US Supreme Court declines to consider interest owed on Exxon oil spill damages

[JURIST] The US Supreme Court [official website; JURIST news archive] on Tuesday declined to rule [order, PDF] on whether Exxon Mobil [corporate website] owes interest on a punitive damages award entered against it for the 1989 Exxon Valdez oil spill [EPA backgrounder]. In June, the Supreme Court ruled 5-3 [opinion; JURIST report] to reduce a punitive damages award to be paid by Exxon from $2.5 billion to $500 million, but did not rule on the issue of interest. Exxon then petitioned the Court for clarification of that issue. On Tuesday, the Court vacated the judgment below and remanded the matter to the US Court of Appeals for the Ninth Circuit [official website]. Exxon has argued that if it is required to pay interest on the award, it should only have to pay that which has accrued since the Supreme Court awarded damages, rather that which has accrued since a federal jury first awarded damages in 1994. AP has more.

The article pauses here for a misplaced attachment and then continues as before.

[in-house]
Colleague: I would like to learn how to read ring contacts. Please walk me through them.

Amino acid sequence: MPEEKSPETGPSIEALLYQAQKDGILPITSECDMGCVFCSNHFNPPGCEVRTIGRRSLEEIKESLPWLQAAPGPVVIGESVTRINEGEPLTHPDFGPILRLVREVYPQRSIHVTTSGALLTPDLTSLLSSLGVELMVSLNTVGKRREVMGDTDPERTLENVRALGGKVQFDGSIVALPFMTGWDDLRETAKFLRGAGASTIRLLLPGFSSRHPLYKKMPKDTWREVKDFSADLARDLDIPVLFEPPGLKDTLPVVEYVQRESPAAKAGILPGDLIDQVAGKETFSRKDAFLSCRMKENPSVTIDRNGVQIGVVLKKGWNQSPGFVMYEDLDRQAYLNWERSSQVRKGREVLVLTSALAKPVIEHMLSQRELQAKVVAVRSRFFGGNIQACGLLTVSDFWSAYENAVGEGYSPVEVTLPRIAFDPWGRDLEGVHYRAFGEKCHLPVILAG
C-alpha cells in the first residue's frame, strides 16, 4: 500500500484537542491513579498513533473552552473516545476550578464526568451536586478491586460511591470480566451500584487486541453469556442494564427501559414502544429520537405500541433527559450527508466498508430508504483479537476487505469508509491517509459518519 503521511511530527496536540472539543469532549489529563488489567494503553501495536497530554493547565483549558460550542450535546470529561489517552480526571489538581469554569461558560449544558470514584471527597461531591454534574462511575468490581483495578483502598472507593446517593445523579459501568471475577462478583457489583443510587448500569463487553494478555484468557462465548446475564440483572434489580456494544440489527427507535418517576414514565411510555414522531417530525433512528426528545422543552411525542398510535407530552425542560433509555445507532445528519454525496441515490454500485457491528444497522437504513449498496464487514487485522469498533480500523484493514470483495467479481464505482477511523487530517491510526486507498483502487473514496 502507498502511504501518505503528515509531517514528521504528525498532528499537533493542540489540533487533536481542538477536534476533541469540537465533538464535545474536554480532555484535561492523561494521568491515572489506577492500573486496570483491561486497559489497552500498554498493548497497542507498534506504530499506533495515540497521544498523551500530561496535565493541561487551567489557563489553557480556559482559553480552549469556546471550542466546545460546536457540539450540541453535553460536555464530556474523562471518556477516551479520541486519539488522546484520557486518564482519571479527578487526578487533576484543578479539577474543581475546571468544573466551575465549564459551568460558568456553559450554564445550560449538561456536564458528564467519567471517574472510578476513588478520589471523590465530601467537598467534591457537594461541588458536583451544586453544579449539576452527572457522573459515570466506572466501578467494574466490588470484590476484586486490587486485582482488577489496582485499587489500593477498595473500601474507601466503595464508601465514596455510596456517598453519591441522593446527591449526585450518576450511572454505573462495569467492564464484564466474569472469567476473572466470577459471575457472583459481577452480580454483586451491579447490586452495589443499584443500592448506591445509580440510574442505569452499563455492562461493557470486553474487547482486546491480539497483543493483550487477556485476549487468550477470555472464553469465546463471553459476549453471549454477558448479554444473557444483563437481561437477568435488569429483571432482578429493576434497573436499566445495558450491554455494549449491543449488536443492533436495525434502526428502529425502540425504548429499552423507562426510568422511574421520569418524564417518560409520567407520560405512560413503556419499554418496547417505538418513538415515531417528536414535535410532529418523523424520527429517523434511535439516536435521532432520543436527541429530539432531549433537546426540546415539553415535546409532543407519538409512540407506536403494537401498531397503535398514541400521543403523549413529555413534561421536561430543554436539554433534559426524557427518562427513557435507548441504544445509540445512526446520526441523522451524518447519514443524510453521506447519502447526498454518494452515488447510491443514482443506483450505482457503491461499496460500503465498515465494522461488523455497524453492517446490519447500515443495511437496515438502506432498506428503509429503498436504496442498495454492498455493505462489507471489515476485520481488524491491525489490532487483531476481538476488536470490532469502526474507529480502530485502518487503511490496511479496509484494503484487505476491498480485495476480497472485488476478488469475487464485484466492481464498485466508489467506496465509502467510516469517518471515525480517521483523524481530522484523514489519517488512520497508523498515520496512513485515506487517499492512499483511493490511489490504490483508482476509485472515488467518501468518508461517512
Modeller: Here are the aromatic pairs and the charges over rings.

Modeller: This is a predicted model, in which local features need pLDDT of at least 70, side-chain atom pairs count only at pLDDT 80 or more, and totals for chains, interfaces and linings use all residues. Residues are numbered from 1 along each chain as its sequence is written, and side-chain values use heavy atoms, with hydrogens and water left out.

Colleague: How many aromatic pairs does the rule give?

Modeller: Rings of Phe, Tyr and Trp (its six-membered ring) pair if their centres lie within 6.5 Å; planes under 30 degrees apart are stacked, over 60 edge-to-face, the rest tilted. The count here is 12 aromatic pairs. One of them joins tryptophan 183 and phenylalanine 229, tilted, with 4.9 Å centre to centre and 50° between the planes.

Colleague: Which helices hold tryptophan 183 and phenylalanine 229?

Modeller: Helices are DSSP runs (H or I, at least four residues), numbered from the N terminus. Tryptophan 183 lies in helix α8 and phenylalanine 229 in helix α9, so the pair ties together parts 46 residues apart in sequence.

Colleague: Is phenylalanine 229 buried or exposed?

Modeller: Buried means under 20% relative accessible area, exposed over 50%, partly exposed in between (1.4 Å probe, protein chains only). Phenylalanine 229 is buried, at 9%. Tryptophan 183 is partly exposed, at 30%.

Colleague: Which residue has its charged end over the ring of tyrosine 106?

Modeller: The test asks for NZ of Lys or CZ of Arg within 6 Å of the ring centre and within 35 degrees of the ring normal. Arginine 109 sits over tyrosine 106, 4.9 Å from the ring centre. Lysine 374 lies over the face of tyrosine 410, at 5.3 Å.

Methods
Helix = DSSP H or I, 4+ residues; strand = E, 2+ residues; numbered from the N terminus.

In December 2006, the Ninth Circuit reduced [JURIST report] Exxon's original $5 billion punitive damage award by over $2 billion, ruling [PDF, text] that the award was excessive in light of a 2003 US Supreme Court ruling that punitive damages must be reasonable and proportionate to the harm incurred, and also considered Exxon's cleanup and compensation efforts. On Wednesday, the US Coast Guard [official website] resumed investigatory hearings into another tanker collision [JURIST report] which caused the spilling of approximately 400,000 gallons of oil into the Mississippi River on July 23, resulting in the temporary closure of a 100-mile stretch of the waterway.



 

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